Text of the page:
Corruption and warpspace monsters.

The Eldar are the Daryen... Higher tech, not really interested in the big fight, but capable of using ancient machines for great effect, but only sometimes.
The Squats? in Traveller, we call them Geonee. (Or Roger Moore's Dwarves in Space article from Dragon #70, Feb 1983.).

I think they simply morphed from "a dark traveller home game" to "we need a setting for the minis game that is no longer traveller" and made a few big and interesting changes.

mike wightman March 16th, 2018 01:08 PM

Why do you keep saying Adventure 1 Kinunir was written by Games Workshop?

All the evidence says it was GDW who produced it.

whartung March 16th, 2018 02:08 PM

Quote:

Originally Posted by aramis (Post 584206)
Gravitic vehicles aplenty, but still also traditional ground vehicles

To this point, to better clarify what I was feeling with it.

While grav and ground vehicles are suitably "high tech", I categorize the stuff we see on 40K as "traditional ground vehicles" to be in the same genre as the "tradition ground vehicles" of Mad Max Fury Road.

Yea, they're vehicles. But when you look at the culture around them, they're as much fetishes as they are vehicles.

Similarly in 40K, you look at the outlandish designs, the graffiti, the culture promoted. Death cults with tanks and starships.

They certainly use high technology, but they don't really understand it. (I may be fuzzy on this, it's been quite a while.)

The high technology is as much magic as anything else.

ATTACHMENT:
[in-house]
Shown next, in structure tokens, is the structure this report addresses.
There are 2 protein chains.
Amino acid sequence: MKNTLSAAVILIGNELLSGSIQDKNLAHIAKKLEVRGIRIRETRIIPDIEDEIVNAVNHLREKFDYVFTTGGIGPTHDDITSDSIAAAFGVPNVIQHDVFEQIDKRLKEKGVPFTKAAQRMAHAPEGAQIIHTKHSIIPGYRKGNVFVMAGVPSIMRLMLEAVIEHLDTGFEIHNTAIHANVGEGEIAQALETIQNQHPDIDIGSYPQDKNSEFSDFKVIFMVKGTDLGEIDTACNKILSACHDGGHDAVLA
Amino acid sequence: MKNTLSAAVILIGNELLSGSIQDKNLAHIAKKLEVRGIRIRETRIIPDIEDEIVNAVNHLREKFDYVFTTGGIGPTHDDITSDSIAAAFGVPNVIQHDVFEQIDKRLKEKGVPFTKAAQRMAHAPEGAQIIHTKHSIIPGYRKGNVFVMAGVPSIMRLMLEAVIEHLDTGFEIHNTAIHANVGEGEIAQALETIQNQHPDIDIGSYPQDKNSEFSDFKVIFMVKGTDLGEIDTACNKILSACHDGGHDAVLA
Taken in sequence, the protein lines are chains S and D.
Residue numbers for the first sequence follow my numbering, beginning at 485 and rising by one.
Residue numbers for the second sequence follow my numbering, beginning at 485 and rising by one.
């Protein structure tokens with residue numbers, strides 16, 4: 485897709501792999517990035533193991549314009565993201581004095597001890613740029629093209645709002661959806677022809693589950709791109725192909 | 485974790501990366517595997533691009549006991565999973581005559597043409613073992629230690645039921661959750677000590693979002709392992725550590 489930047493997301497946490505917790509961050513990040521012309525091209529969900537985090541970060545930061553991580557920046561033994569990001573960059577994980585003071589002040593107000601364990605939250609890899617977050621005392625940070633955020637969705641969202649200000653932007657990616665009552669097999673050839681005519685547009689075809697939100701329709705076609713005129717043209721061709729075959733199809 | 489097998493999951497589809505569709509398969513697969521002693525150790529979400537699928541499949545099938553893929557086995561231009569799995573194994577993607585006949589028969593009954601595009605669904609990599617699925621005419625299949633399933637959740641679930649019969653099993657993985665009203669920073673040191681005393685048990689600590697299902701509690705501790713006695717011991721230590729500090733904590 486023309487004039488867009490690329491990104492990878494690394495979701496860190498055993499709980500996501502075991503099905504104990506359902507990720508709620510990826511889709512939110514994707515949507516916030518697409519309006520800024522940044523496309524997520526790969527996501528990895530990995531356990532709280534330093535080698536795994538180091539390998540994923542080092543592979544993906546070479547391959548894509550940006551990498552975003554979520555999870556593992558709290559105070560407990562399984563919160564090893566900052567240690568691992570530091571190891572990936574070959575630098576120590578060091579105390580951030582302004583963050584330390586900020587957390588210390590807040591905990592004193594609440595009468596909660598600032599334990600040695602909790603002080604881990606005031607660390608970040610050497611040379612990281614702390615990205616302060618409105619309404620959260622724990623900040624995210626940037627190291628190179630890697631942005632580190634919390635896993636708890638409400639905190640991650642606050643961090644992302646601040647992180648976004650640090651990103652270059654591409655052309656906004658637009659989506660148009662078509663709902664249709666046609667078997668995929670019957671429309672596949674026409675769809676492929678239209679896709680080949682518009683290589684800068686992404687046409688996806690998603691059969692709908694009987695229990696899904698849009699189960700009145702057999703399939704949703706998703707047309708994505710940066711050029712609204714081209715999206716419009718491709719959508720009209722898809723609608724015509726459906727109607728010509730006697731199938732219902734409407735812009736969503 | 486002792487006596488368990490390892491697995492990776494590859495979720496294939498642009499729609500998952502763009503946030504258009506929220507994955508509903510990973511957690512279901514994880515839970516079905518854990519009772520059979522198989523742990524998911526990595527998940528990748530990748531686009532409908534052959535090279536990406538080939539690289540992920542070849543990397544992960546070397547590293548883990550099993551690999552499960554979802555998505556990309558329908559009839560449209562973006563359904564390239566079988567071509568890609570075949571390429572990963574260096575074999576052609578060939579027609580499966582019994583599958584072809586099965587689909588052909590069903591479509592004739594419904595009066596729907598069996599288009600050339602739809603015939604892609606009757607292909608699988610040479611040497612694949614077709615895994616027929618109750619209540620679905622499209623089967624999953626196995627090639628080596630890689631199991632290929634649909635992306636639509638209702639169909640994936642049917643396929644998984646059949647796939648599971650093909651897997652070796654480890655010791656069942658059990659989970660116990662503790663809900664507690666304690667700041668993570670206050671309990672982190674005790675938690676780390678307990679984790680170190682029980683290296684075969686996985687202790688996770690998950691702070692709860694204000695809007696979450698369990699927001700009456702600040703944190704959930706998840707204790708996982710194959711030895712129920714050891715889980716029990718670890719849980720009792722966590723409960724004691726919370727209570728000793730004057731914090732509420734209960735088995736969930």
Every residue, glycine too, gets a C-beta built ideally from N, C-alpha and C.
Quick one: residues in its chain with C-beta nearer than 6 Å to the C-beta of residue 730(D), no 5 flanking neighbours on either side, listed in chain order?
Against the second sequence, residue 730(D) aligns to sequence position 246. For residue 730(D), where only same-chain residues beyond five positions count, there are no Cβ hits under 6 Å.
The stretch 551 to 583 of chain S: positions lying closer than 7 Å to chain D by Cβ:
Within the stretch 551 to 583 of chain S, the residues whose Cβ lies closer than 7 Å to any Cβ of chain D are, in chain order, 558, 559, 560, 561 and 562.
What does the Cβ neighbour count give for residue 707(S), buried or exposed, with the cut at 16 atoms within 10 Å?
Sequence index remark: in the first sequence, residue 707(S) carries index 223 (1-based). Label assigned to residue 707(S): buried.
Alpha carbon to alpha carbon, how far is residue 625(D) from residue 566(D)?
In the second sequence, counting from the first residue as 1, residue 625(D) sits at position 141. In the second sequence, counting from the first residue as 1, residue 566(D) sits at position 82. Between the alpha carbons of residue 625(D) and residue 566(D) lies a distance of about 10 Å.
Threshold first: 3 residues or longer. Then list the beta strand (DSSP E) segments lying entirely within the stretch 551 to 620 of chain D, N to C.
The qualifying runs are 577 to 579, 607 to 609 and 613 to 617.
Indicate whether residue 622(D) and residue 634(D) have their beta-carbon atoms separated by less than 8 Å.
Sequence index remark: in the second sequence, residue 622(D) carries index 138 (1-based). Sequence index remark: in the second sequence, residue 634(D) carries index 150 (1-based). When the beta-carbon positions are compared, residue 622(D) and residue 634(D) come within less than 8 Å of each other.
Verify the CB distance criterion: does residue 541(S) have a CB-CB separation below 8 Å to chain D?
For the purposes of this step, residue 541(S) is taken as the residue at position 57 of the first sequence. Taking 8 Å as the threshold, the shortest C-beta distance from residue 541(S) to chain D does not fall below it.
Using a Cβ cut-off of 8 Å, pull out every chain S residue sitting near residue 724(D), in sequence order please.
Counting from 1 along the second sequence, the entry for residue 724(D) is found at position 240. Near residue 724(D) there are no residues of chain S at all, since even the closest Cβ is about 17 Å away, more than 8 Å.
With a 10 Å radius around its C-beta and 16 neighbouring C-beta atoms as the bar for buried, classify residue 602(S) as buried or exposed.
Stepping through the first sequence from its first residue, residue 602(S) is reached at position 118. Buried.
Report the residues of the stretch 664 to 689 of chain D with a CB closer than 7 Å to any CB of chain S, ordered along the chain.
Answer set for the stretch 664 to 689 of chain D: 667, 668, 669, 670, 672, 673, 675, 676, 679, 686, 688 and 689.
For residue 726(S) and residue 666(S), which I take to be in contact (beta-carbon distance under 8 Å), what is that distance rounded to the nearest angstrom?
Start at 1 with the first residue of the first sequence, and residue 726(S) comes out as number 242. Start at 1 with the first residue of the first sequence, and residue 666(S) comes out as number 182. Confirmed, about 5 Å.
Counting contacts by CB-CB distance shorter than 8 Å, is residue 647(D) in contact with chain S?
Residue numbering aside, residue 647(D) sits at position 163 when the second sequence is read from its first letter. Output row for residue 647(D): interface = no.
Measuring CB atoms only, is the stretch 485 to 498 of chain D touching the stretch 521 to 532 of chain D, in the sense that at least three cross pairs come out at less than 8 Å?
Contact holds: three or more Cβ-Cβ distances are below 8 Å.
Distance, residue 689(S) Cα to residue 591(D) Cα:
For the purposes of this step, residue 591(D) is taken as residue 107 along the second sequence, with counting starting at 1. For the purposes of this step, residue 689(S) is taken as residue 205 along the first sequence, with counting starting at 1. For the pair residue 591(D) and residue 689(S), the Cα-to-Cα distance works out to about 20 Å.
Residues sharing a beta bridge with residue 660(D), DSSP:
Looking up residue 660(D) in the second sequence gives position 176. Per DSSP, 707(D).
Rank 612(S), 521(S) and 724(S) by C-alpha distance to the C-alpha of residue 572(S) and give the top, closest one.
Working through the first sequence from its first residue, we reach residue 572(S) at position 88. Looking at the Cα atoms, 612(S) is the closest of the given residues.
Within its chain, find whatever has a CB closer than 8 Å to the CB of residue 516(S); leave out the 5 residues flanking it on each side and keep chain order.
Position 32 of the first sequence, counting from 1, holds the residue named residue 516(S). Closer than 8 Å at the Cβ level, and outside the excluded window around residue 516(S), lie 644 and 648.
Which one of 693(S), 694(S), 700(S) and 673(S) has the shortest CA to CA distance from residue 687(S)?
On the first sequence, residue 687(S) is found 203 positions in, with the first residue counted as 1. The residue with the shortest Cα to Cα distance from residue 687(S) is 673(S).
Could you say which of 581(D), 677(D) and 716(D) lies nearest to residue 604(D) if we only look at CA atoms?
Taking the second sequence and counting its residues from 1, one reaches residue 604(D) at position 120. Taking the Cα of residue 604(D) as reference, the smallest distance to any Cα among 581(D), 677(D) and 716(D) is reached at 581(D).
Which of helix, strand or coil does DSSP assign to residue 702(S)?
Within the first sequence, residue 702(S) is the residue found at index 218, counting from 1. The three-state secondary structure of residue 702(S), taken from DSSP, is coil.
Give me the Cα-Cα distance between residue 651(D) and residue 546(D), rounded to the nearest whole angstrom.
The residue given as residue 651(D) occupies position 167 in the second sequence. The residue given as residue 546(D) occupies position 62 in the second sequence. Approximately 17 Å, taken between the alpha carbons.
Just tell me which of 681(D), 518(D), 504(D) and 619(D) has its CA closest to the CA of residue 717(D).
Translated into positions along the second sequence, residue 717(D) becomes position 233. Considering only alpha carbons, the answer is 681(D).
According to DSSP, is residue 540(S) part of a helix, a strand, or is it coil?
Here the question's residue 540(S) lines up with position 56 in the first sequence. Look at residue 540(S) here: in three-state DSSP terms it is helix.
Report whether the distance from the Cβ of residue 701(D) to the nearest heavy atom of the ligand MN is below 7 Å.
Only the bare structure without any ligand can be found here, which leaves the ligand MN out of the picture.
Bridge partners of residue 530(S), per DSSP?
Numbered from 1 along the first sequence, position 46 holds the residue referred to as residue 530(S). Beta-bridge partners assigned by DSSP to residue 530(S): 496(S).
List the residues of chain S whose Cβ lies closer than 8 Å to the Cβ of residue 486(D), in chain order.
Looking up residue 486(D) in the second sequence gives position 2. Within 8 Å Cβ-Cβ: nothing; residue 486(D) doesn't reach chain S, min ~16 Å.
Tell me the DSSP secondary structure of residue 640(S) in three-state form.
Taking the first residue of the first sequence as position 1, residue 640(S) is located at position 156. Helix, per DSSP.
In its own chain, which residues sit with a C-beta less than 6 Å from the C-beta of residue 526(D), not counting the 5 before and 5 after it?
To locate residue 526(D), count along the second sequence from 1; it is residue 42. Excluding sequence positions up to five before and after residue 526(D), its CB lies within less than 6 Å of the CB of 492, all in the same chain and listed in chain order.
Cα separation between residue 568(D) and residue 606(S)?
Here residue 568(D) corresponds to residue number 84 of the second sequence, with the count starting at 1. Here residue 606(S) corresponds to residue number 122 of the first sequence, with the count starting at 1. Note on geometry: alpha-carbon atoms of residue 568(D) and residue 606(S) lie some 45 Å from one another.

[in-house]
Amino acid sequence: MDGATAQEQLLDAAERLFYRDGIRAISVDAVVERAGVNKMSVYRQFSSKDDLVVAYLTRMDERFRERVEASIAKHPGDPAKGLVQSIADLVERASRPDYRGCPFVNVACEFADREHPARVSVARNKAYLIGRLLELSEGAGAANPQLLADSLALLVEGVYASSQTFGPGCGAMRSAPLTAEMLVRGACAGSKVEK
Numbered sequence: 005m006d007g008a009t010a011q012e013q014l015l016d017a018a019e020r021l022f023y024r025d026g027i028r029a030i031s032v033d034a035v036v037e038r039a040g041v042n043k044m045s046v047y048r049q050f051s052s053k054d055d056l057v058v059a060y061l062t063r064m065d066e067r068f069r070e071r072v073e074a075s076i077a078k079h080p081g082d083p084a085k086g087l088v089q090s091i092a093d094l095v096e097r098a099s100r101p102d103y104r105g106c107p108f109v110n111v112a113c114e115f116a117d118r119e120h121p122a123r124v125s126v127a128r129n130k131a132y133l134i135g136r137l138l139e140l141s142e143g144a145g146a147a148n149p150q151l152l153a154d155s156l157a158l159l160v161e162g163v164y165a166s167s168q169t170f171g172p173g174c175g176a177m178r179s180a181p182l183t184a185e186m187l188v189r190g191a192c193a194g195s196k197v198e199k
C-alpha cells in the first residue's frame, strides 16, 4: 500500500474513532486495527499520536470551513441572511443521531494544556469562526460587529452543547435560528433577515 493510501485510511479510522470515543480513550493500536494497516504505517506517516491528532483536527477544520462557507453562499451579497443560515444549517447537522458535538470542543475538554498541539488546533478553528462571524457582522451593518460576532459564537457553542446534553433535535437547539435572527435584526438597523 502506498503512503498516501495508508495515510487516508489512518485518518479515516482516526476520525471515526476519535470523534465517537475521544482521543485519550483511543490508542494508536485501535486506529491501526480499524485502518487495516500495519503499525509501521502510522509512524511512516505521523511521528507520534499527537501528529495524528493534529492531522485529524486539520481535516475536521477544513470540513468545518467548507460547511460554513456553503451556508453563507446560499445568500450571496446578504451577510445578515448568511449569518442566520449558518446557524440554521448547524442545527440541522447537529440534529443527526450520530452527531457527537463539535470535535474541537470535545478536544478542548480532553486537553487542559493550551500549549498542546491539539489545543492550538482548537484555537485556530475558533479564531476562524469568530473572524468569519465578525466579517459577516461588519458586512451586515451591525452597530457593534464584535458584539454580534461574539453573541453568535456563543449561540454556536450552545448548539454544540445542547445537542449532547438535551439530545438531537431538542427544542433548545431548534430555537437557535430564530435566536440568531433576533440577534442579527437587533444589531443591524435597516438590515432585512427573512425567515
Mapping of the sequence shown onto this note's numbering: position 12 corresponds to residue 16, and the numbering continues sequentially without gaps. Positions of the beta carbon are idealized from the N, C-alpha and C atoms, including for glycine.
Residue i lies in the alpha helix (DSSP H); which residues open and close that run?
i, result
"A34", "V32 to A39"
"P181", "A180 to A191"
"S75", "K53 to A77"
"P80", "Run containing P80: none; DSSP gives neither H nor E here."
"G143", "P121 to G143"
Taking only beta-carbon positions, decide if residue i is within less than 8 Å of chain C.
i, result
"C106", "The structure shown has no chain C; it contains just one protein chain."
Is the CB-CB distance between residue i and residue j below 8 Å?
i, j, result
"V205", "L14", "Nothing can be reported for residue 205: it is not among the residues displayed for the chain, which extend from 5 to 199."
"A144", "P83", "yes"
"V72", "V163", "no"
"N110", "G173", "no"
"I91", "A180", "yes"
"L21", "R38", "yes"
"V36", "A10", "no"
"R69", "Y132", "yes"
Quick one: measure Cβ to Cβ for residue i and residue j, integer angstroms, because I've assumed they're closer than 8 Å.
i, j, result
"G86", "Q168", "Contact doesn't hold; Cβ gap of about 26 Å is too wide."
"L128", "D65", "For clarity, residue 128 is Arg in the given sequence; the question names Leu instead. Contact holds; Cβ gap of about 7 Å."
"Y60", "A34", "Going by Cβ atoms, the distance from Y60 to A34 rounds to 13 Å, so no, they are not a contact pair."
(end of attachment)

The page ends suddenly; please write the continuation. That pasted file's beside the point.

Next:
So, even though the hard parts of the two universes are very similar, the approach and feel around them are completely different. That's why I never really put 40K in the same vein at Traveller in terms of technology.

jcrocker March 17th, 2018 12:27 AM

A friend of mine had Rogue Trader in 87? 88? I know it was before the 90s.

I'm not an expert, but friends of mine were really into it for a while and I read through a fair bit of their stuff. WH40K has a completely different feel than Traveller. There are points of correlation as Aramis has pointed out above, but it's Traveller through a grimdark/Mad Max lens.

David Johansen March 17th, 2018 11:17 PM

GW's Star Farers predades, 40k by about 5 years and has a space emperor, dark disciples, marines, bolt guns and so forth. GW founder's Laser Burn goes back ever farther and has similarities as well. 40k comes mostly from a 2000 AD comic called Nemesis The Warlock and Judge Dread, Rogue Trooper, and ABC Warriors all have call outs in the game. Still, 40k was an anything goes hodge podge that started out in White Dwarf, much like Warhammer Fantasy Battle before it. The reason 40k has Orcs, Dwarfs, and Elves is that the GW staff were converting fantasy miniatures to play it. It's a mad, mad, British thing.

It really doesn't have that much Traveller in it. A Bolt Gun is a 25 rocket propelled grenade launcher, not a 5mm caseless automatic weapon with a RAM grenade launcher. Lasguns are actually inferior to automatic rifles having only a 24" range as opposed to 32".

The chaos gods owe more to Moorcock than Lovecraft. But even that is in name only, rather than other worldly deities with their own schemes in which humans are but pawns, or alien entities as beyond us as we are to protozoa, they are dark reflections of the human spirit, they even have their positive aspects, the better to corrupt and subvert. In Warhammer the human spirit is the end game not an irrelevant nothing.

In many ways 40k is a reaction against science fiction. Forget the promise of science and the goodness of humanity for in the grim dark future there is only war and the laughter of thirsting gods.

Condottiere March 18th, 2018 12:55 AM

It's a Seventies rather than an Eighties take on it, with a heavy British pop cultural viewpoint.

2000AD is very influential, taking the mickey out of social, cultural and political institutions; eventually, Dredd gets included.